BALDWIN: Waiting for word after this meeting with Kevin McCarthy. Go ahead, Ana really quickly.

NAVARRO: Senator Tim --

BALDWIN: Tim Scott.

NAVARRO: The only African-American Republican in the U.S. Senate penned a very powerful op-ed basically saying what Kirsten just said. The reason that people talk about the Republican Party and ask whether they are a racist party is because when faced with discrimination and racist statements for too they have remained silent. I think there should be more Tim Scott's and no Steve King's.

Ana Navarro and Kirsten Powers, ladies, thank you very much.

And as new headlines emerge over the weekend about the President's relationship with Vladimir Putin, he was on a quite a tweet storm from within the White House walls going after everyone from Senator Elizabeth Warren, to Jeff Bezos, to America's NATO allies. He even called into Fox News an made several dubious claims. We'll talk about this interview, next.



TRUMP: I'm thrilled to be here in a state that I've had a lot of luck with and I love a lot of people in this state. I know a lot of people.


BALDWIN: That was moments ago professing his love for Louisiana as he spoke to the farmers convention there in New Orleans. But this morning, he was touting his love for Nashville in a now deleted tweet. It seems as though that is where he thought the event would be taking place. Woops. That is just the latest in the barrage of tweeting coming out of the White House just in the past 48 hours just as new revelations are piling on in this Russia investigation. So, we go to Chris Cillizza in D.C. here to walk us through what else is on your list of Trump things today.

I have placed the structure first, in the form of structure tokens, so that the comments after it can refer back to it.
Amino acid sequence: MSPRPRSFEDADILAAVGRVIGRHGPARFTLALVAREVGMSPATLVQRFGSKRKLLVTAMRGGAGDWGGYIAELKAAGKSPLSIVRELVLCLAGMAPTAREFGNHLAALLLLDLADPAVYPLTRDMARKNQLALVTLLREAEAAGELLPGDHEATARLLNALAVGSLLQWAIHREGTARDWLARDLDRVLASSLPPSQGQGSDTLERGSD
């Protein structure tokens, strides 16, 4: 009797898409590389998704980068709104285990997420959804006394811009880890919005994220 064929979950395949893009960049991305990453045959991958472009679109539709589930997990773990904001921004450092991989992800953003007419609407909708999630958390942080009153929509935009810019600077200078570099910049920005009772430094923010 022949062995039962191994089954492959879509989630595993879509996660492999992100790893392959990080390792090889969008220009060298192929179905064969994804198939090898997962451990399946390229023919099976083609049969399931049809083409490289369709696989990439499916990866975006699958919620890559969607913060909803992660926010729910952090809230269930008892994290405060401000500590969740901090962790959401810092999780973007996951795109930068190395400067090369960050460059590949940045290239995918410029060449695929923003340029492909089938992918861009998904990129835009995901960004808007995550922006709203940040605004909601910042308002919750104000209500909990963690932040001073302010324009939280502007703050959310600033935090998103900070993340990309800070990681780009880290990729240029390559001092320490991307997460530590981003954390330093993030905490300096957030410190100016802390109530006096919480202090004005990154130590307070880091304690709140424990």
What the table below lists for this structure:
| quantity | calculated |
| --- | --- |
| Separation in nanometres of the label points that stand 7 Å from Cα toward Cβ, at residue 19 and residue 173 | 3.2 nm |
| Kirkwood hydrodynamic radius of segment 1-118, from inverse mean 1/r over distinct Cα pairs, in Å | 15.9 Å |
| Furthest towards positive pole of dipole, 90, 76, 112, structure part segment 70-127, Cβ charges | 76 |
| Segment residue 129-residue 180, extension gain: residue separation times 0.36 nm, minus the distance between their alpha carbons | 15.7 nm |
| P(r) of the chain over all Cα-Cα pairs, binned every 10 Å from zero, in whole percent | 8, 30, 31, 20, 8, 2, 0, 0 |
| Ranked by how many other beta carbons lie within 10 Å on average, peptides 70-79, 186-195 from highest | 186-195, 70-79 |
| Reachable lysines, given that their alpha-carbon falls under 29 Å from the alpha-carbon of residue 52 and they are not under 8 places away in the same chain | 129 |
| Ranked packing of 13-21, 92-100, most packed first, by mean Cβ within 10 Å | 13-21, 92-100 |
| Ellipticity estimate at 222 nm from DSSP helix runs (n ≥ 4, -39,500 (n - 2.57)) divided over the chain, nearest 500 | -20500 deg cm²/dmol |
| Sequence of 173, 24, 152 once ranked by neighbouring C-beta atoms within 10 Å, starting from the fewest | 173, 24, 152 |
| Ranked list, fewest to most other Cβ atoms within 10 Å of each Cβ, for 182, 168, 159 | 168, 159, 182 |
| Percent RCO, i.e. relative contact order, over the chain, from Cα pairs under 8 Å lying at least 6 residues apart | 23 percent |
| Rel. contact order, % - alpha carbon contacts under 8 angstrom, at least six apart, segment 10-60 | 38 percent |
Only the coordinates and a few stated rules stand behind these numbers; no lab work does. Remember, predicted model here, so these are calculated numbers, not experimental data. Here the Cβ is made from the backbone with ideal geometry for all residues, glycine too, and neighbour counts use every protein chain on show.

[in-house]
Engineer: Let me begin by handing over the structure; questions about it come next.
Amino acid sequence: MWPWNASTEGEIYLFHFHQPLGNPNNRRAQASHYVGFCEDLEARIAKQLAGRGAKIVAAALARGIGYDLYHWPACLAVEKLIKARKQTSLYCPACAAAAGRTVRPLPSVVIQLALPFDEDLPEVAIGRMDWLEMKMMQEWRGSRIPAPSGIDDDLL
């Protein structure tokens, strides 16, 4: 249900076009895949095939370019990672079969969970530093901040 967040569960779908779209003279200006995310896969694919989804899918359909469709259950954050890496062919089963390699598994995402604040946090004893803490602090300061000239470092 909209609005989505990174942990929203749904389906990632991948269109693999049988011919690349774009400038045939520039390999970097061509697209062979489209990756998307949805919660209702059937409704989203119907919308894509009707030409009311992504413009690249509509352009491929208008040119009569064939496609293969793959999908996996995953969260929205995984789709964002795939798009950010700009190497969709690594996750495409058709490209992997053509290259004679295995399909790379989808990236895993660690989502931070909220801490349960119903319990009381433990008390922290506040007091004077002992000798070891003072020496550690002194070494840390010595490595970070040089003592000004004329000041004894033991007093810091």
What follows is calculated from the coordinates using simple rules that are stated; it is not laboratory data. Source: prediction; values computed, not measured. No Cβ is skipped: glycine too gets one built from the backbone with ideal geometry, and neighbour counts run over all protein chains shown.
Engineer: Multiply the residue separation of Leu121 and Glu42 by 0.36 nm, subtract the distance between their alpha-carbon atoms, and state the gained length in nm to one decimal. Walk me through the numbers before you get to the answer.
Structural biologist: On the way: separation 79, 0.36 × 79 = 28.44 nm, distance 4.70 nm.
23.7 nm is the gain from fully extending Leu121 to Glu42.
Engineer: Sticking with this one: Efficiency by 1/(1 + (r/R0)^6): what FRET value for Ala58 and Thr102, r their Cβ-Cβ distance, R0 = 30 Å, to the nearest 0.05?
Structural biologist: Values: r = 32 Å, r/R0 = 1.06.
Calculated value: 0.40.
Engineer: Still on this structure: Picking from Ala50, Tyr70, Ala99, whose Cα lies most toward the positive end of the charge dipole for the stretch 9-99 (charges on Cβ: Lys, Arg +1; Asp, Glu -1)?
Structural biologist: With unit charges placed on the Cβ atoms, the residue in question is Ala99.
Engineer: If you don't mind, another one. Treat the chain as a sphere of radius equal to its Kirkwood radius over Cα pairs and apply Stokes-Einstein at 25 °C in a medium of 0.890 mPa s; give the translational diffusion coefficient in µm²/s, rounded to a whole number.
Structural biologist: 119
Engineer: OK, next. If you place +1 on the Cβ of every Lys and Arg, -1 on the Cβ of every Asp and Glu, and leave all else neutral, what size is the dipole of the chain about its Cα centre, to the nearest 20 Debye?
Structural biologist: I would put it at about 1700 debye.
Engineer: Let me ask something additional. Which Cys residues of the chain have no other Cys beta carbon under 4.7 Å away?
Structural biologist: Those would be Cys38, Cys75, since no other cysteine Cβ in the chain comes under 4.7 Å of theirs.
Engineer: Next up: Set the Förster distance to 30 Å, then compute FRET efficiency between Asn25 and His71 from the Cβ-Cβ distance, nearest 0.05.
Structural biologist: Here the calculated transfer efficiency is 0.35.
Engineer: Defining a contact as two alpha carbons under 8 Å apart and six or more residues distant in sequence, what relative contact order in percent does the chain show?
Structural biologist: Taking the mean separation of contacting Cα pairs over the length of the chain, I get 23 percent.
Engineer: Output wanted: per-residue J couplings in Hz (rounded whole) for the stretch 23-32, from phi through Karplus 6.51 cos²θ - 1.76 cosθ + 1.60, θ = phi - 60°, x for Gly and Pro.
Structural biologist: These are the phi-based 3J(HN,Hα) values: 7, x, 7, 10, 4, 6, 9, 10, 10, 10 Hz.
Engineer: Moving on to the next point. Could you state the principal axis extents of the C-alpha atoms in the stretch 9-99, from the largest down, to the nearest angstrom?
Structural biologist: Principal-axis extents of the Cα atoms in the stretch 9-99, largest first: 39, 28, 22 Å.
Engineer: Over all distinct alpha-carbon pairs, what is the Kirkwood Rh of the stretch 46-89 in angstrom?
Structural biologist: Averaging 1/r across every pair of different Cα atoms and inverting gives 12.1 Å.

CHRIS CILLIZZA, CNN POLITICS REPORTER AND EDITOR AT LARGE: OK, it's a lot I want to get to. But first let me note that Nashville, New Orleans thing made me think of the scene in Spinal Tap where they just say hello, Cleveland, even though they're not there. Anyway, let's get to it because there is a lot going on.

OK. Donald Trump Sunday night. OK.

Starting the long overdue pullout from Syria while kidding the little remaining ISIS territorial caliphate ... but will attack again from existing ... will devastate Turkey economically.

Turkey is a NATO ally, but wait, Brooke, that's just the start. Let's go to the next one. It was a busy evening.

So sorry to hear the news about Jeff Bozo being taken down by a competitor who's reporting I understand is far more accurate than the reporting in his lobbyist newspaper the Amazon "Washington Post".

Competitors reporting is far more accurate -- he's talking about the "National Enquirer". Okey-doke. Yes, they ran this. Obviously, we know Jeff Bezos, richest man in the world is getting divorced, $140 billion. OK, he's not done. Trump, not Bezos, I mean. Let's go to the next one.

If Elizabeth Warren often referred to me as Pocahontas, did this commercial Bighorn or Wounded Knee. What's he talking about? What commercial?

Well, Warren after she announced in an Instagram live in which she has a beer, she's at her house. She's trying to be a normal person.

OK, well, so that's three tweets. Now you think who would be involved in that kind of tweet storm number one the President of the United States, but maybe it's because he was stuck. You know, we all go a little stir crazy. It was snowing this weekend in Washington, stuck in the White House.

[15:45:00] Now he claims he's been there for a very long time. This is what he told Jeanine Pirro on Fox News Saturday night. Listen to this, Brooke.